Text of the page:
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---
title: Using Metadata
owner: CAPI
---
<style>
.guid {
color: #5FABFF;
}
</style>
This topic describes metadata in <%= vars.product_full %> and provides instructions for adding, updating, removing, and viewing metadata.
For additional information about adding metadata with the Cloud Foundry API (CAPI), see the _Metadata_ section in the [CAPI documentation](http://v3-apidocs.cloudfoundry.org).
## <a id="about"></a> About Metadata
<%= vars.product_short %> allows you to add metadata to objects such as spaces and apps. You can use metadata to provide additional information about the objects in your <%= vars.product_short %> deployment. This can help with operating, monitoring, and auditing.
For example, you can tag objects with metadata that describes the type of environment they belong to. You could also use metadata to describe app characteristics, such as front end or back end. Other examples include billing codes, points of contact, resource consumption, and information about security or risk.
Here is the full list of objects to which you can add metadata using the Cloud Foundry API:
* Apps
* Builds
* Buildpacks
* Deployments
* Droplets
* Isolation Segments
* Orgs
* Packages
* Processes
* Spaces
* Stacks
* Tasks
* Revisions
<%= vars.metadata_ref %>
### <a id="types"></a> Types of Metadata
You can add two types of metadata to objects in <%= vars.product_short %>:
* **Labels:** Labels allow you to identify and select <%= vars.product_short %> objects. For example, if you have labeled all apps running in production, or all spaces that contain Internet-facing apps, you can then search for them.
* **Annotations:** Annotations allow you to add non-identifying metadata to <%= vars.product_short %> objects. You cannot query based on annotations. Also, there are fewer restrictions for key-value pairs of annotations than there are for labels. For example, you can include contact information of persons responsible for the object, or tool information for debugging purposes.
### <a id="reqs"></a> Metadata Requirements
The following tables describe requirements for creating metadata.
#### <a id="reqs-labels"></a> Requirements for Labels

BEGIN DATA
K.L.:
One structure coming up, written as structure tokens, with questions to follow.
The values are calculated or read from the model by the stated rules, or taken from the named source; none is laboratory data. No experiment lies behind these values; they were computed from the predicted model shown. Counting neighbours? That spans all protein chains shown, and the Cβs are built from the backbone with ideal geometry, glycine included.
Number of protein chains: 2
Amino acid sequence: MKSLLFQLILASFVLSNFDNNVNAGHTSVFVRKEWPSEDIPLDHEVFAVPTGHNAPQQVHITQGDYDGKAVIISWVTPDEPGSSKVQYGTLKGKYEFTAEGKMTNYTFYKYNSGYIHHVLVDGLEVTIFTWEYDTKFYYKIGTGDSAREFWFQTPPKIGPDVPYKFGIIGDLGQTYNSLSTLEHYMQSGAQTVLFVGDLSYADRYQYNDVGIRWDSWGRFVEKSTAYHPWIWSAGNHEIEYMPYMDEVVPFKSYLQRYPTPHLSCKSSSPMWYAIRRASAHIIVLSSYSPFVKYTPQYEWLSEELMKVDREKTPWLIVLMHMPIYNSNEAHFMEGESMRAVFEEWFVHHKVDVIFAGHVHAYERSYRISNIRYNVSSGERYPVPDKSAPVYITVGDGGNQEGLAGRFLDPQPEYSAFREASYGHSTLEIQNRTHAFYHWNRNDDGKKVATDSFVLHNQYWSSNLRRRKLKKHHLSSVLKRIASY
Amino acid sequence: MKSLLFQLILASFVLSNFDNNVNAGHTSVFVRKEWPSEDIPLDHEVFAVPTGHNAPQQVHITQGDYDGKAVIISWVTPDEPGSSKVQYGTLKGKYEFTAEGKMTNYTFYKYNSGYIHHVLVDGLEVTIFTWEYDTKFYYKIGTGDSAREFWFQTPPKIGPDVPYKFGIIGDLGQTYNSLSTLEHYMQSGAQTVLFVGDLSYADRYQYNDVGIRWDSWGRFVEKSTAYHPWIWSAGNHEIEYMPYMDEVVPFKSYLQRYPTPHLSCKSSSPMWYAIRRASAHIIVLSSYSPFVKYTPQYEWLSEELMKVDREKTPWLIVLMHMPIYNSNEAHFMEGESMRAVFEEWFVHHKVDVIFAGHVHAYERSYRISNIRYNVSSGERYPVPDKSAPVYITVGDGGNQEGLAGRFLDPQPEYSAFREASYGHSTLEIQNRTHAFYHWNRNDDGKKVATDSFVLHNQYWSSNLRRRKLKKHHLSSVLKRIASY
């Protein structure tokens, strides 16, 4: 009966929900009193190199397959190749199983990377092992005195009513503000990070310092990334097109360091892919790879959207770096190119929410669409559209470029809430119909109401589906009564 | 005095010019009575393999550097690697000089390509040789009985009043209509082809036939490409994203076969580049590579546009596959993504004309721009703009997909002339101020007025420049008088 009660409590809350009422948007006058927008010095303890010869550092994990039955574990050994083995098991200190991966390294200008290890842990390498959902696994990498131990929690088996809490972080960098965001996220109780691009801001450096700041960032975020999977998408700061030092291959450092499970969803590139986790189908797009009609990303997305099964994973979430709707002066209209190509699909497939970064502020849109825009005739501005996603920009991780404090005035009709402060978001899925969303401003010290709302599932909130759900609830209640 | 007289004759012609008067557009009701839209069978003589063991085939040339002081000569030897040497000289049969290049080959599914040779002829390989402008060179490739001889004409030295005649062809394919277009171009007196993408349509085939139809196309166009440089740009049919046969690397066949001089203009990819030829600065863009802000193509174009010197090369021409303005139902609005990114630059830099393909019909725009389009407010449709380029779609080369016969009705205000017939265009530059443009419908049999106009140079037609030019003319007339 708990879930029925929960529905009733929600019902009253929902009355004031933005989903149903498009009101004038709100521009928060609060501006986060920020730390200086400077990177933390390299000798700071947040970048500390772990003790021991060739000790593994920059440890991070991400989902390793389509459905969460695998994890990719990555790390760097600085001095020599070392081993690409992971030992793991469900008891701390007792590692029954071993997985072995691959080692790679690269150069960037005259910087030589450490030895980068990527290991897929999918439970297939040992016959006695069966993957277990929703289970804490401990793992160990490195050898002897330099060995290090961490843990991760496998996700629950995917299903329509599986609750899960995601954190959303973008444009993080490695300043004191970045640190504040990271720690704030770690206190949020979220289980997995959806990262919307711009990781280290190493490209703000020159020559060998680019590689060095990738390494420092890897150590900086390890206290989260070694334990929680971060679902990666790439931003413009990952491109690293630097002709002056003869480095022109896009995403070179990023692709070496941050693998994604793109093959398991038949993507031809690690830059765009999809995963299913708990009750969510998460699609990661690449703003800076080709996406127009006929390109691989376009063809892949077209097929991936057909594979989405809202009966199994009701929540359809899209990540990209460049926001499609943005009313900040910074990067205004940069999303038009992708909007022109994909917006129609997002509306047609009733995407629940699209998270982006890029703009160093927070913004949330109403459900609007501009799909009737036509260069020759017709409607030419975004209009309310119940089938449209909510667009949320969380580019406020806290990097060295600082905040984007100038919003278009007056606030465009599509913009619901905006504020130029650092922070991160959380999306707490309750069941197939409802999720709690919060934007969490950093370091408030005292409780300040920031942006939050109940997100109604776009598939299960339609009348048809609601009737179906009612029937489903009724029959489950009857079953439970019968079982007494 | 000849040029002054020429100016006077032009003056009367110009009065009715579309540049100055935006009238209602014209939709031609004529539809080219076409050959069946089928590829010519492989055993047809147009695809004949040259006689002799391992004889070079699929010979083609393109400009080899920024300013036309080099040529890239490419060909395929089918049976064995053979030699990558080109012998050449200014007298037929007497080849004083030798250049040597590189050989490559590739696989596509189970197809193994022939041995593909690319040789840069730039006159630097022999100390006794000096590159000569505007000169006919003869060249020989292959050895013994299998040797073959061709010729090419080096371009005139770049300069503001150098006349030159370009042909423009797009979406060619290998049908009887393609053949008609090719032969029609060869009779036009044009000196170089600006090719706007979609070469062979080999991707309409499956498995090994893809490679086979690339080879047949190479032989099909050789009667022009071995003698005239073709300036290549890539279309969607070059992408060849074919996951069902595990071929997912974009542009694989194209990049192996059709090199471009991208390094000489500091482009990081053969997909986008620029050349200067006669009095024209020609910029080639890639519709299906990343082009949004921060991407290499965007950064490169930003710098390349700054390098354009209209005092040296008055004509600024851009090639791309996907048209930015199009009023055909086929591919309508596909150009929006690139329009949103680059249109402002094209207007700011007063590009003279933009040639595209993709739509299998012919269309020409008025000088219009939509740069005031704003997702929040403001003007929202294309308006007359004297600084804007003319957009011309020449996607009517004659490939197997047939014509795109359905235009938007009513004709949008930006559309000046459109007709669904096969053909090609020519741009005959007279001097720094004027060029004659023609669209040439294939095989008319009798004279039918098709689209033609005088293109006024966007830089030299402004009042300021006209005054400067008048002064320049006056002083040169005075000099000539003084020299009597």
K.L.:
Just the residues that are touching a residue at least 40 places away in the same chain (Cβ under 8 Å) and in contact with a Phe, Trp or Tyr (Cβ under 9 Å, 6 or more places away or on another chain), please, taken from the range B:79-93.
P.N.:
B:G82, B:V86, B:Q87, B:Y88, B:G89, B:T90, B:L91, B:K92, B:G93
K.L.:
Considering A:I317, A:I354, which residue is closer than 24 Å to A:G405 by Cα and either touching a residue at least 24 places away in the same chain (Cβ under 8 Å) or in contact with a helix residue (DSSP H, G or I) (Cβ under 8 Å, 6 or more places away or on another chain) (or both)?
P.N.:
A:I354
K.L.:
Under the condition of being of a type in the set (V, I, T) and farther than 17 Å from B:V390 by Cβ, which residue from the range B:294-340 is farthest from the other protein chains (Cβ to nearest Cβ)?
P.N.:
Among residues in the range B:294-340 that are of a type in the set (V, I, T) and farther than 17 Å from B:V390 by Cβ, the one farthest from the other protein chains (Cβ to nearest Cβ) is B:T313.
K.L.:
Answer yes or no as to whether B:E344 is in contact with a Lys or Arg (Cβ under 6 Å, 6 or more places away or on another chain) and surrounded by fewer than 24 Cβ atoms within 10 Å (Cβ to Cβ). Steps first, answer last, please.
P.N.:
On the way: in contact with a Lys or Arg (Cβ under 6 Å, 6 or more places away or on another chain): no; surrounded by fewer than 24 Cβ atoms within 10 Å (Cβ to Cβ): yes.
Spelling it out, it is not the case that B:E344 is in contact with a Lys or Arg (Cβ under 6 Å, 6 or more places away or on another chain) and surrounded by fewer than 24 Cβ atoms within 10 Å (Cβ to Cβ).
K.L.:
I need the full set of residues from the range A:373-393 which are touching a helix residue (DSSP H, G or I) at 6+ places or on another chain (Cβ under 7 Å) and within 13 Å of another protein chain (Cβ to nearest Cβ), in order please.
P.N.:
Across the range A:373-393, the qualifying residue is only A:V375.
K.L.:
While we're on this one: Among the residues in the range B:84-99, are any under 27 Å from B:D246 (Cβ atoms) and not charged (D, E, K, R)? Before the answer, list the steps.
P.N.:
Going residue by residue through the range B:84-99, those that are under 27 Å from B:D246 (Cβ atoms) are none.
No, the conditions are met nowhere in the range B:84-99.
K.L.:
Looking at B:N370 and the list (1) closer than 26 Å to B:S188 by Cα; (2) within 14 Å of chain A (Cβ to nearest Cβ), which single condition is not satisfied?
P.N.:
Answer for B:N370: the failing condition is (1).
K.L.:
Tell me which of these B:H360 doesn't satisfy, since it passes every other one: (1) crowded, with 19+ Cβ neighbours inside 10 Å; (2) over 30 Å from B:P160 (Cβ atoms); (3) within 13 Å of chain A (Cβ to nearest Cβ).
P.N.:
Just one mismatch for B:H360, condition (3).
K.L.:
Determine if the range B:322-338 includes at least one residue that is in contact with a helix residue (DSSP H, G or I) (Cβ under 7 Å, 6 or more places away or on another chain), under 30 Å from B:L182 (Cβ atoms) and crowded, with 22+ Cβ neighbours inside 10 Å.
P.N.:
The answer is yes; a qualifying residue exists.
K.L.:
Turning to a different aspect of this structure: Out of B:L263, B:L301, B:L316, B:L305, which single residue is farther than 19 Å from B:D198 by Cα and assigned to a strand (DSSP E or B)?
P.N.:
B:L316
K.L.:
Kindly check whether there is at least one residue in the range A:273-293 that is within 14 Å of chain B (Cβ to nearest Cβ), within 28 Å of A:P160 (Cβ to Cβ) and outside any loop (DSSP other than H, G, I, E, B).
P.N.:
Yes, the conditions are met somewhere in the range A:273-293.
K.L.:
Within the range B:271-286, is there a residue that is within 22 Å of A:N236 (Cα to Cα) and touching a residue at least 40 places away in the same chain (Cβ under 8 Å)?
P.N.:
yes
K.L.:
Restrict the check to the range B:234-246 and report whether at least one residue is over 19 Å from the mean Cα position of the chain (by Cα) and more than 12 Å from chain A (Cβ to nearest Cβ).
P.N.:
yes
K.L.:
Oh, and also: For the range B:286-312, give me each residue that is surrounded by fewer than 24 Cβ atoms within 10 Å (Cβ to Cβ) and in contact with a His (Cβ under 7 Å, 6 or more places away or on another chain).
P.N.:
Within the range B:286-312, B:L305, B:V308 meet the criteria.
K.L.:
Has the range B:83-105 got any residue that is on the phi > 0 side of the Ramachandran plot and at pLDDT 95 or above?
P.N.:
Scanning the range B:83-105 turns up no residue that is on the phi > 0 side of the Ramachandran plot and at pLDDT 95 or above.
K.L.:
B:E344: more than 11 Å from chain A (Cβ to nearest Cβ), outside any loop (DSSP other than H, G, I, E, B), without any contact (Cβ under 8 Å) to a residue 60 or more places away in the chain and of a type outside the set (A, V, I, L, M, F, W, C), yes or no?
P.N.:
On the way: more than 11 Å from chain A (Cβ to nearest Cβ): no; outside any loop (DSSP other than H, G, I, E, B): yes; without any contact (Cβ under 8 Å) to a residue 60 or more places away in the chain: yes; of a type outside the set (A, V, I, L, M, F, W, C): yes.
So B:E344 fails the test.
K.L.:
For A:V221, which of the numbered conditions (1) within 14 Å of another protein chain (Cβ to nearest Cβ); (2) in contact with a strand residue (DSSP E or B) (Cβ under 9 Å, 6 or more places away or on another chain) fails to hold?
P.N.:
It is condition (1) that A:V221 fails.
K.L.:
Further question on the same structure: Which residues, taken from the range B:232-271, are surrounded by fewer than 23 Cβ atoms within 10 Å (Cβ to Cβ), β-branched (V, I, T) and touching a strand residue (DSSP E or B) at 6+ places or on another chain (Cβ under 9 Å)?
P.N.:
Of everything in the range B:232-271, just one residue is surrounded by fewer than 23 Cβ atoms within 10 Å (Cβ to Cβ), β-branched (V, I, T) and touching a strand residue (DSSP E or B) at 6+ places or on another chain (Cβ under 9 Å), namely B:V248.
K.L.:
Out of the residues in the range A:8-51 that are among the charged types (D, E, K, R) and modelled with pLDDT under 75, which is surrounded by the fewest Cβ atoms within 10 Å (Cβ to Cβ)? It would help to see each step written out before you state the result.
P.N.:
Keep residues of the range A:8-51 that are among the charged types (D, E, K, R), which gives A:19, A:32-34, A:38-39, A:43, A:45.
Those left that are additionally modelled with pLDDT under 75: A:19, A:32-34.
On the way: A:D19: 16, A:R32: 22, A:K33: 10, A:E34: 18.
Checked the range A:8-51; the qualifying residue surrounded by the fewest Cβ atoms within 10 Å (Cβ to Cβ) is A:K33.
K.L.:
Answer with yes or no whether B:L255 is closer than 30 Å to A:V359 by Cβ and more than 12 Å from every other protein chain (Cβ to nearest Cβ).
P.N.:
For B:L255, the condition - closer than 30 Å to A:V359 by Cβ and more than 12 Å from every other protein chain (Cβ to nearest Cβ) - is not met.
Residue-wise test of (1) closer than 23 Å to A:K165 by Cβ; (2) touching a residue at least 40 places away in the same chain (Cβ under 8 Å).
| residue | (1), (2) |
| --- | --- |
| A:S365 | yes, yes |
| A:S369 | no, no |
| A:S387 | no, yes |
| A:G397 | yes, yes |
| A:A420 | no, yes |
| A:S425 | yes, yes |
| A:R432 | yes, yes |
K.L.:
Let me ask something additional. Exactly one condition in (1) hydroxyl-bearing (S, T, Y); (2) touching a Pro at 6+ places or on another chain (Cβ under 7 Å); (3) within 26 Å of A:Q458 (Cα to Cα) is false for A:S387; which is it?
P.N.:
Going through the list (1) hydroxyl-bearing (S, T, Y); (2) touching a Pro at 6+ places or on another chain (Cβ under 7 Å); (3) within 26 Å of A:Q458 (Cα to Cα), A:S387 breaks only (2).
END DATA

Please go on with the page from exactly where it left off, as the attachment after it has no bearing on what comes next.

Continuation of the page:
The following table describes the requirements for creating labels.
<table>
<tr>
<th colspan="4" style="text-align: center">Label Requirements</th>
</tr>
<tr>
<th>Part of Label</th>
<th>Length in characters</th>
<th>Allowed characters</th>
<th>Other Requirements</th>
</tr>
<tr>
<td>(Optional) Key Prefix</td>
<td>0-253</td>
<td>
<ul>
<li>Alphanumeric</li>
<li><code>-</code></li>
<li><code>.</code></li>
</ul>
<td>
<ul>
<li>DNS subdomain format, with at least one <code>.</code></li>
<li>Must end with <code>/</code></li>
</ul></td>
</tr>
<tr>
<td>Key Name</td>
<td>1-63</td>
<td><ul>
<li>Alphanumeric</li>
<li><code>-</code></li>
<li><code>_</code></li>
<li><code>.</code></li>
</ul></td>
<td>Must begin and end with an alphanumeric character</td>
</tr>
<tr>
<td>Value</td>
<td>0-63</td>
<td><ul><li>Alphanumeric</li>
<li><code>-</code></li>
<li><code>_</code></li>
<li><code>.</code></li></ul></td>
<td>
<ul>
<li>Must begin and end with an alphanumeric character</li>
<li>Empty values allowed</li></td>
</tr>
</table>
#### <a id="reqs-annotations"></a> Requirements for Annotations
The following table describes the requirements for creating annotations.
<table>
<tr>
<th colspan="2" style="text-align: center">Annotation Requirements</th>
</tr>
<tr>
<th>Part of Annotation</th>
<th>Length in characters</th>
</tr>
<tr>
<td>Key</td>
<td>1-1000</td>
</tr>
<tr>
<td>Value</td>
<td>0-5000</td>
</tr>
</table>
### <a id="prefix"></a> Label Prefixes
You can ensure a label key is easily differentiated from other keys by using a prefix. A prefix is a namespacing pattern that helps you more clearly identify objects. Prefixes are in DNS subdomain format: `prefix.example.com`.
Consider an example in which you have two scanner tools: one for security and one for compliance. Both tools use a `scanned` label. You can disambiguate between the two tools using a prefix. The security tool can prefix a label with `security.example.com/scanned` and the compliance tool can prefix a label with `compliance.example.com/scanned`.
## <a id="add"></a> Add Metadata to an Object
The sections below describe how to add labels and annotations to objects.
### <a id="label"></a> Add a Label
The following procedure describes how to add a label: